Cognitive Computing Project Aims to Reverse-Engineer the Mind
Wired News (02/06/09) Ganapati, Priya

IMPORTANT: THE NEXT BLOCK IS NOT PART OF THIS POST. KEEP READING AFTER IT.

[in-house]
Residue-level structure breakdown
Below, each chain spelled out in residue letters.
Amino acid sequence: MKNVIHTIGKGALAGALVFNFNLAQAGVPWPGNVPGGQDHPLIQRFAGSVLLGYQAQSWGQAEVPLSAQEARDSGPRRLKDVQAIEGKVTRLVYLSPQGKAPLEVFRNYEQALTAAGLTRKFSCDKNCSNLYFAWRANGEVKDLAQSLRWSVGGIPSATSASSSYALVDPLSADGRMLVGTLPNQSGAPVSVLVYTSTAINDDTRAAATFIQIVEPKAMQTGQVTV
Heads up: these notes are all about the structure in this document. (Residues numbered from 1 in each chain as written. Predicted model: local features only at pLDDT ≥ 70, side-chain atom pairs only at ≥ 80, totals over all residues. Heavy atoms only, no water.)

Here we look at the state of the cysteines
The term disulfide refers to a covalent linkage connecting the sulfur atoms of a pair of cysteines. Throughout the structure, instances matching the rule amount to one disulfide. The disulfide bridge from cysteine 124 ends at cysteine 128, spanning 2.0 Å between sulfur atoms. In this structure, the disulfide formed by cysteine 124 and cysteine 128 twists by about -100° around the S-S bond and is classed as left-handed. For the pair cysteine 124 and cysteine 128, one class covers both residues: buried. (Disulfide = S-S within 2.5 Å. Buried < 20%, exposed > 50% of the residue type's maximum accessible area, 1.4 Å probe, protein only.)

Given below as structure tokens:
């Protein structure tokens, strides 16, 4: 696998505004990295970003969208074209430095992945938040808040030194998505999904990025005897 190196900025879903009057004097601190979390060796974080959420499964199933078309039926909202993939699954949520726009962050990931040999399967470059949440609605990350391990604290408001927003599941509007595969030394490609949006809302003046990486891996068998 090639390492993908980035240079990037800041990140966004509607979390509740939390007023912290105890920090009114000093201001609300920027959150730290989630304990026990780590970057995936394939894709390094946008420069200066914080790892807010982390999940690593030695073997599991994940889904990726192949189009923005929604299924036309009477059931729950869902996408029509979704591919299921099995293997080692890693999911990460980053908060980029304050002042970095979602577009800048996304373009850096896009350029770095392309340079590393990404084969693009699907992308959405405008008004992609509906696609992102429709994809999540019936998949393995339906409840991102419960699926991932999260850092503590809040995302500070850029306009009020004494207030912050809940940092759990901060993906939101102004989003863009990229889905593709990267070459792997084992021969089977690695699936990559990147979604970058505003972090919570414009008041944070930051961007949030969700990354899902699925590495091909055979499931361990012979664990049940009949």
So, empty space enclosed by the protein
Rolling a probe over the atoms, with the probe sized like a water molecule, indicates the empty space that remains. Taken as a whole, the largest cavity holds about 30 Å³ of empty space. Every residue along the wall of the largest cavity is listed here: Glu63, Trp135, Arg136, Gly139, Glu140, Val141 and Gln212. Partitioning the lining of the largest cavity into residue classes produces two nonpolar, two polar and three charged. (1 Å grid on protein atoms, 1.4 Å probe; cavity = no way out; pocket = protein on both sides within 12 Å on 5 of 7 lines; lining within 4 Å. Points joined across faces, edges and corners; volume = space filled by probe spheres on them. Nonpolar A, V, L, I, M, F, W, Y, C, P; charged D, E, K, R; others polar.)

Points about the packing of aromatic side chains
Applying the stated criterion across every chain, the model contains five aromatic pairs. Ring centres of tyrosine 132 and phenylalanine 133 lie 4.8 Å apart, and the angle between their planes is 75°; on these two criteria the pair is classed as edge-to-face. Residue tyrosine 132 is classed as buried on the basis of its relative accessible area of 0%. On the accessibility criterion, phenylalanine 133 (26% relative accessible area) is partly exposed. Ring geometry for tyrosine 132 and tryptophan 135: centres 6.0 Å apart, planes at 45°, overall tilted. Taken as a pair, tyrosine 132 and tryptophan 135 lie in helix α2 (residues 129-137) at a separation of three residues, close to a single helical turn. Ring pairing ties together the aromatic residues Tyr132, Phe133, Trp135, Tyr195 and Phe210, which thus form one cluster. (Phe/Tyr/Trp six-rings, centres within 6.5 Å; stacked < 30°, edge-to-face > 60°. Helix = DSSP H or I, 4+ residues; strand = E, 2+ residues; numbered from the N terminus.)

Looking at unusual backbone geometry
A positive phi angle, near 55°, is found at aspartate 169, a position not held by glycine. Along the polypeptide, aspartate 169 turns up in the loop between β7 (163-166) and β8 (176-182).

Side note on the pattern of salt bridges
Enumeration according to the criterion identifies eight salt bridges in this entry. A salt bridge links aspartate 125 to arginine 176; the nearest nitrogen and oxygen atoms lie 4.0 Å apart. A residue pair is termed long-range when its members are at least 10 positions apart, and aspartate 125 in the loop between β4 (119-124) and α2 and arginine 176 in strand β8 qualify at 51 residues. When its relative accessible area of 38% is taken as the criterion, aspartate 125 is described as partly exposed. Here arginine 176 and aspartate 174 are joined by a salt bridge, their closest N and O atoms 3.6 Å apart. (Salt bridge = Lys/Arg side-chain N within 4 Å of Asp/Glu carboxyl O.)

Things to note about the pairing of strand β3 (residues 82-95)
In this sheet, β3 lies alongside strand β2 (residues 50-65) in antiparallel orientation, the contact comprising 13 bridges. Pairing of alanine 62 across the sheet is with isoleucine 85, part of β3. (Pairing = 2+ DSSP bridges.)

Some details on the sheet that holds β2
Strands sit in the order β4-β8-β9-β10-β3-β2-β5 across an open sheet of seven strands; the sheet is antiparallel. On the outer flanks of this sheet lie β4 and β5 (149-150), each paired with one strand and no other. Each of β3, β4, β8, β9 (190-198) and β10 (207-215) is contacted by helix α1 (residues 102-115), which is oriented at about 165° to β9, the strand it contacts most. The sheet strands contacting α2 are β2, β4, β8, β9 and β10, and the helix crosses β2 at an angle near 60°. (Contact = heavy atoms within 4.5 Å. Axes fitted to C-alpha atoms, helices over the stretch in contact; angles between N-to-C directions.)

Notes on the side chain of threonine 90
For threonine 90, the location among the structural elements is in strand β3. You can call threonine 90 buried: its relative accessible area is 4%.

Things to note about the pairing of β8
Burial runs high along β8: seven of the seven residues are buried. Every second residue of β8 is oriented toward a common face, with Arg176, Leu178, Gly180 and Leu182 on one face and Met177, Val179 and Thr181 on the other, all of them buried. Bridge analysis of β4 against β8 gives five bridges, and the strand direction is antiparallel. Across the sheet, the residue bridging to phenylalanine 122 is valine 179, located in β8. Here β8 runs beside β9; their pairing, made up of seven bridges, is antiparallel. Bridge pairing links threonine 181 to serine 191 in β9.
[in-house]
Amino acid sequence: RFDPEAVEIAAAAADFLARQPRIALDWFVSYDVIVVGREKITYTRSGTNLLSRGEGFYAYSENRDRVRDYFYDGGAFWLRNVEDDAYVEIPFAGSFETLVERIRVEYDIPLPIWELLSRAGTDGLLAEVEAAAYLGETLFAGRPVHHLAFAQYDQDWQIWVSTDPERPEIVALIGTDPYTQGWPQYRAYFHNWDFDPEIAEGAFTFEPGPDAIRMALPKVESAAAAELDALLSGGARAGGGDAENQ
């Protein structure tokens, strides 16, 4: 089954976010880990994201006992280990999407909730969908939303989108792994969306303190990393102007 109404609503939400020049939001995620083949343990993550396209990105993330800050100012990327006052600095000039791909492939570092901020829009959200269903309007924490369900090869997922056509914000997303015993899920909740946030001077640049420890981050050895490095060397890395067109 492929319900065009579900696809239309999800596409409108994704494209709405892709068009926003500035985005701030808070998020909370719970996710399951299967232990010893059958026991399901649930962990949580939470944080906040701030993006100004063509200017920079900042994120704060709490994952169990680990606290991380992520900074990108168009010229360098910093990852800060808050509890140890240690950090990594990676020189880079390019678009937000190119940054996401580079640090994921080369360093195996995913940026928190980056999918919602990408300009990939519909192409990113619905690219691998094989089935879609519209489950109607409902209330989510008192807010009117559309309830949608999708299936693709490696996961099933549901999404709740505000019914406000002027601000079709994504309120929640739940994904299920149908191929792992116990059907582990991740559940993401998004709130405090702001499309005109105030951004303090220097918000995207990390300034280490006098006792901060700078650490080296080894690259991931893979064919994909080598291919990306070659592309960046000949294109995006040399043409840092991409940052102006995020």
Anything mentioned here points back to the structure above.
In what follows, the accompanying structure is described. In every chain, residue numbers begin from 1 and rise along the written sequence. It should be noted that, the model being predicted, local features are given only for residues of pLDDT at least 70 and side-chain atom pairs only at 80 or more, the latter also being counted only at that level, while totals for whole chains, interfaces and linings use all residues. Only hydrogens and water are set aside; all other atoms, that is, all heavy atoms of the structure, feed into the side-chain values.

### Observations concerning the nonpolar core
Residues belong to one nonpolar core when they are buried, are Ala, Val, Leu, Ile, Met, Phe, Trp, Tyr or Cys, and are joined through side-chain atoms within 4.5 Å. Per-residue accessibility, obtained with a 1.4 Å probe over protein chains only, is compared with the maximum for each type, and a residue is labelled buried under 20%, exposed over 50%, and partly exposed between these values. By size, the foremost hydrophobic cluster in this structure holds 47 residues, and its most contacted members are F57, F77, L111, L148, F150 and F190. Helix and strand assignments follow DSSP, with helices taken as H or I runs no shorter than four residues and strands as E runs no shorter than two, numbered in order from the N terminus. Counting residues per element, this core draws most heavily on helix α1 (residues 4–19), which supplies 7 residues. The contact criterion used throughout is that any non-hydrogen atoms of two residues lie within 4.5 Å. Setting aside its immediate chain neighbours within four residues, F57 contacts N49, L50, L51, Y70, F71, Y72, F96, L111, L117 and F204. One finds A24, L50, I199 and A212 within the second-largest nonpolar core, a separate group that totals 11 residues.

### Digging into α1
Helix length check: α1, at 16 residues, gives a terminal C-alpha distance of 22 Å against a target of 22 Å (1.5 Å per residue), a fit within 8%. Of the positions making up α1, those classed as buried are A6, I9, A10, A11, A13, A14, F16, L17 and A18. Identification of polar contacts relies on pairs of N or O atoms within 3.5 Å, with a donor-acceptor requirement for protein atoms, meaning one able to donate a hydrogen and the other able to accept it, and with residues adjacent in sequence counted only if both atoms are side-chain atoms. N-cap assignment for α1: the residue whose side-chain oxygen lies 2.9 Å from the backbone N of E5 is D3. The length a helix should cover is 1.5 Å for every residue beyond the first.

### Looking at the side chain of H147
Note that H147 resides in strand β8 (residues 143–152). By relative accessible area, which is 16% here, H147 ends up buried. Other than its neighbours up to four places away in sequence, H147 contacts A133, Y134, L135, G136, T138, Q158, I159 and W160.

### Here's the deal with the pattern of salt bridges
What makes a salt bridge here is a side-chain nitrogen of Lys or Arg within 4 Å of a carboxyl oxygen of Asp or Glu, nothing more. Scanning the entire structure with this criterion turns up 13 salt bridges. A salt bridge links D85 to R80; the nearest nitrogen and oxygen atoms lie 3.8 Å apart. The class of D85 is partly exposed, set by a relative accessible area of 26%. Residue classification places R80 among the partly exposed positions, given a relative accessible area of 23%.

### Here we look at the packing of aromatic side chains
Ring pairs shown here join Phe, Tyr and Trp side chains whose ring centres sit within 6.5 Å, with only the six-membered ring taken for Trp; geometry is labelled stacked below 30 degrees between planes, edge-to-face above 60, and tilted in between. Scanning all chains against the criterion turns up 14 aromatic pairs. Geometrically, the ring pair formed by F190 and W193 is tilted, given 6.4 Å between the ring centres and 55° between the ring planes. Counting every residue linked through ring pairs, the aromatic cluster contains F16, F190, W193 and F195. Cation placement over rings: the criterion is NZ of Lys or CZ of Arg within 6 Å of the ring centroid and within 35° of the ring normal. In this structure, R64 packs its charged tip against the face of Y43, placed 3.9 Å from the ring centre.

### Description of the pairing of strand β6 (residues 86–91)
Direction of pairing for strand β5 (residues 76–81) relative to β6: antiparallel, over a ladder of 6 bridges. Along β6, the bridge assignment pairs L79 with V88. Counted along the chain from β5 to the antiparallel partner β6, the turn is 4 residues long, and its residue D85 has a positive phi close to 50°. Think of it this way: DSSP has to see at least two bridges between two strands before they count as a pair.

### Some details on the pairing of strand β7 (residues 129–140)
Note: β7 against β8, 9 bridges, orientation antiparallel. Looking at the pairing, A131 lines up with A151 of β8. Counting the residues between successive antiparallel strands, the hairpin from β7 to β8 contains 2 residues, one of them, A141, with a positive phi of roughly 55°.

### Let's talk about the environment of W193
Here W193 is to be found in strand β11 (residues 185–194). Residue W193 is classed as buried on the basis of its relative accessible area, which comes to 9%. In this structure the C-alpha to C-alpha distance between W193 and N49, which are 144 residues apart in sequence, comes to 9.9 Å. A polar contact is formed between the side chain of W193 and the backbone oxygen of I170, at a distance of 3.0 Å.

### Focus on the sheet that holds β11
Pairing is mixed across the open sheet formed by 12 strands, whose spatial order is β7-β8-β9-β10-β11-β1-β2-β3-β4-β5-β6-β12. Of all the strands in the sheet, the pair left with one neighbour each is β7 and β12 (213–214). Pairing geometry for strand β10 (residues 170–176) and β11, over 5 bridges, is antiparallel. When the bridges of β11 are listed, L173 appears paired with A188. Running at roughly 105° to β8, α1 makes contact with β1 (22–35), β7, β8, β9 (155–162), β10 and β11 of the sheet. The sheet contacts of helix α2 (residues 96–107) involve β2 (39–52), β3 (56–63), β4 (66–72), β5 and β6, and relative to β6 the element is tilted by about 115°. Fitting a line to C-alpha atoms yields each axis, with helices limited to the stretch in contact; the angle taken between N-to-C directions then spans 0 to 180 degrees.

IBM Almaden Research Center cognitive computing project manager Dharmendra Modha has a plan to engineer the mind by reverse-engineering the brain. Neuroscientists, computer engineers, and psychologists are working together to create a new computing architecture that simulates the brain's perception, interaction, and cognitive abilities. The researchers hope to first simulate a human brain on a supercomputer, and then use new nano-materials to create logic gates and transistor-based equivalents of neurons and synapses to build a hardware-based, brain-like system. The effort has received a $5 million grant from the Defense Advanced Research Projects Agency, which is enough to run the first phase of the project. The researchers say if the project is successful it could lead to a new computing system within the next decade. "The idea is to do software simulations and build hardware chips that would be based on what we know about how the brain and how neural circuits work," say University of California-Merced professor and project participant Christopher Kello. The researchers started by building a real-time simulation of a small cerebral cortex, which has the same structure in all mammals. The simulation required 8 terabytes of memory on an IBM BlueGene/L supercomputer. Modha says the simulation, although not complete, offered insights into the brain's high-level computational principles. A human cerebral cortex is about 400 times larger than the small mammal simulation and would require a supercomputer with a memory capacity of 3.2 petabytes and a computational capacity of 36.8 petaflops. While waiting for supercomputing technology to improve, the researchers are working on implementing neural architectures in silicon.